These days, it seems that every other Request for Proposal is asking for speculative work. We enjoy receiving RFPs as much as the next firm; we just don’t think requiring creative companies to provide specific recommendations to a prospect’s marketing challenges – based on information gleaned in an RFP – is fruitful. Or ethical, for that matter.
I recognize that developing free creative ideas is, in fact, expected in some parts of this industry. Especially when millions of account dollars are at stake. But most local Requests for Proposals are measured in thousands of dollars.
When a proposal recipient is required to demonstrate creative abilities in order to solve a prospect’s particular needs – as defined by the RFP – it’s called spec work. Spec work might include sharing specific strategies, ideas, concepts, or designs. This practice is something that the American Institute of Graphic Arts (AIGA), comprising over 22,000 designers from more than sixty countries, strongly opposes. So it’s not a personal thing.
Unfortunately, all the information required to thoughtfully respond to a specific marketing challenge is never provided in an RFP. Which means any firm that chooses to participate in this process is simply offering up superficial solutions. They may look fine on the surface, but they’re never going to get at the real problem. Some firms think that by asking follow-up questions directly to the prospect you can overcome this information deficit. But you can’t. And then, of course, the RFP authors – to promote the idea of a reasonably fair process – invariably share their follow-up answers with all recipients. You can see how it starts to get a little murky.
Even if an RFP did provide all of the information needed to arrive at creative solutions, the firm willing to spend the most amount of free time developing their thin ideas generally wins out. Now I’m all for firms demonstrating passion (and hard work) to garner new business. But do you really want to hire the firm with the most amount of free time on its hands? If I’m on a selection committee, I’d simply be looking for the best firm to handle my project – which is usually a very busy one.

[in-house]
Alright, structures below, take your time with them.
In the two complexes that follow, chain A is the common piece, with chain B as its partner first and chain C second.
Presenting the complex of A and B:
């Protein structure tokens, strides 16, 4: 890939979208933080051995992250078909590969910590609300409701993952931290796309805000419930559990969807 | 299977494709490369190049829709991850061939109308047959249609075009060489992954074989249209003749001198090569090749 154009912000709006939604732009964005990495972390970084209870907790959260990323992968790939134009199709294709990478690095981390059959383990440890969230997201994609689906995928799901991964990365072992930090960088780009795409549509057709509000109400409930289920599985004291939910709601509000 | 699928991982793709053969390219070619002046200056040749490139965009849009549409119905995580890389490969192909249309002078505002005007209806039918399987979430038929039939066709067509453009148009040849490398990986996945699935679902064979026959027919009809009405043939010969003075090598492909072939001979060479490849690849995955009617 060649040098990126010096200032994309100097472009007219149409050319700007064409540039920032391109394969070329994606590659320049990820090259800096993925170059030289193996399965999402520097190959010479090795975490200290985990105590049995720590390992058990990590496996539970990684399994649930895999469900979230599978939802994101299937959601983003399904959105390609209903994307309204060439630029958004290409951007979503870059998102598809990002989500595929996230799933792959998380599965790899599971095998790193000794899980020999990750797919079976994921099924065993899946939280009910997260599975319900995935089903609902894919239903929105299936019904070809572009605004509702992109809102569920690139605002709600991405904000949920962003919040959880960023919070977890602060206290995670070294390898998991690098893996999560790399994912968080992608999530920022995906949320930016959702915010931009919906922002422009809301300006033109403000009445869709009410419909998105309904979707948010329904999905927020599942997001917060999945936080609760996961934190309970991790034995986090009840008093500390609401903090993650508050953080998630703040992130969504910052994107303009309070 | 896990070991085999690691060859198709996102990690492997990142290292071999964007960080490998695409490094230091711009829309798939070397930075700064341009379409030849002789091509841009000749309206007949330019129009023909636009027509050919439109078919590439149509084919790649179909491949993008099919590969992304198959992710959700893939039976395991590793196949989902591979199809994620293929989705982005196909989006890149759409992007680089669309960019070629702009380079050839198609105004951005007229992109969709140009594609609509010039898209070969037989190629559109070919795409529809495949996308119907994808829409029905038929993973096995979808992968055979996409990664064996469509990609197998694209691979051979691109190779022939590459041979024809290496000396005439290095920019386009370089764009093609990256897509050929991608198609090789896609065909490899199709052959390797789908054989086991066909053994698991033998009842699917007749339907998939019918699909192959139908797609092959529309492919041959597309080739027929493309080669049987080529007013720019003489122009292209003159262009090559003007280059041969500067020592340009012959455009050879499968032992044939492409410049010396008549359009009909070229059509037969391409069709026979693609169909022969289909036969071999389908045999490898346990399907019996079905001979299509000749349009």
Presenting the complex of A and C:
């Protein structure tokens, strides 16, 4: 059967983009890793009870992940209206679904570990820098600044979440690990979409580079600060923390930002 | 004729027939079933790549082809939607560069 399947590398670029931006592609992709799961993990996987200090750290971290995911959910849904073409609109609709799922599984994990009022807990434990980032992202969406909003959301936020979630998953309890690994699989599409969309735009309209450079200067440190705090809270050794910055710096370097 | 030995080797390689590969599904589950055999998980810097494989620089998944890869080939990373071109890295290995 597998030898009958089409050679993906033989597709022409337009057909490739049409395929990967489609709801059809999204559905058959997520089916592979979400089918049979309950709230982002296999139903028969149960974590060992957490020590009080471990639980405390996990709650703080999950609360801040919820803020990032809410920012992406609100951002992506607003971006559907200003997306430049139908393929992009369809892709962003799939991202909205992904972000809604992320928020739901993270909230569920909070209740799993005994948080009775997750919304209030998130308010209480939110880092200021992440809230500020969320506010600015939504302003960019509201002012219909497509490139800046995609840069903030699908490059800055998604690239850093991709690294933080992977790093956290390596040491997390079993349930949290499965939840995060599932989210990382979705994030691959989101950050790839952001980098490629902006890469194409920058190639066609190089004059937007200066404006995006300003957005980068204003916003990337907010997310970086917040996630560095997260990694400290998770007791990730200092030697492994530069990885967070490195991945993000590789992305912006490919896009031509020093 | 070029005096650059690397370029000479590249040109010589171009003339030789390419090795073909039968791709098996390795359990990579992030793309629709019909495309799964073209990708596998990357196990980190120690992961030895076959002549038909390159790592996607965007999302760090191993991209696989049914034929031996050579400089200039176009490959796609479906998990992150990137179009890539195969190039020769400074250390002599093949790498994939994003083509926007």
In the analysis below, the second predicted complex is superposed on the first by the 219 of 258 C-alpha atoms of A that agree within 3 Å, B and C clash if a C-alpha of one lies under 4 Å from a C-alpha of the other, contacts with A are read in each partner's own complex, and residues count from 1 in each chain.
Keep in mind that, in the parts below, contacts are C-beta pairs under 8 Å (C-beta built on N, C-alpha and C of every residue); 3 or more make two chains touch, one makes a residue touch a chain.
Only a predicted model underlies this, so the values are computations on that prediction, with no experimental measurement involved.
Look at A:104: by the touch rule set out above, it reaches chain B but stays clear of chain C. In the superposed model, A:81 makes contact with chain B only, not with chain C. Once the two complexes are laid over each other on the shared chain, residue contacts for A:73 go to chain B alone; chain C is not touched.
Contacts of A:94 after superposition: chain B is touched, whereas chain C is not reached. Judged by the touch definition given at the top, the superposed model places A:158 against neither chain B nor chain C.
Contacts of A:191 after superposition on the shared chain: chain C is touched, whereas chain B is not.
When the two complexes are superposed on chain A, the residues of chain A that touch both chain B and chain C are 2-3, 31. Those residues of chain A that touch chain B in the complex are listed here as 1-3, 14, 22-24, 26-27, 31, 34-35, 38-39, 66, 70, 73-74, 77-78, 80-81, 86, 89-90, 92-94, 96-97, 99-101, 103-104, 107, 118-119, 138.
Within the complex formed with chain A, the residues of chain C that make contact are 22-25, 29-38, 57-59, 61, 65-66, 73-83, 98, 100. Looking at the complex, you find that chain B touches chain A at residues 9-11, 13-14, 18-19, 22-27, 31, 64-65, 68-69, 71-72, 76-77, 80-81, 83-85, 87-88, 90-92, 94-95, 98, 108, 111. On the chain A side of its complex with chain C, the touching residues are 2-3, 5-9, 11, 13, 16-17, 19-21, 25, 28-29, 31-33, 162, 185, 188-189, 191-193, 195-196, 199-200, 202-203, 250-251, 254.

Those in the position to develop and write RFPs need to rethink their intentions. You don’t need to see spec work to find the right fit. You just need to trust the right process. Respondents should be asked to demonstrate how their collective experience, knowledge, and approach to your assignment will benefit your project. Asking for schedules and costs is perfectly acceptable, which is why a Request for Qualifications is a better approach. Once you’ve short-listed firms, invite them in for one-on-one interviews. Then ask the right questions of each firm. Good firms will also take the opportunity to ask questions of you. A clear favorite will emerge – and with a working relationship already established.
I’m not sure why companies continue to ask for spec work. I’m guessing it’s mostly because they don’t know any better, not because they’re intentionally trying to treat creative folks like prostitutes (come to think of it, I’ve heard that even hookers negotiate their fees up front). But no matter the reason, the result is the same: they’re selling their projects short and thereby compromising outcomes.
I also don’t understand why creative firms in our community continue to respond to and embrace this unethical practice. Maybe offering eye candy is the only way they can win business – by outdoing their competitors. But you should be looking for firms that can outthink the competition. Then, and only then, will you see results.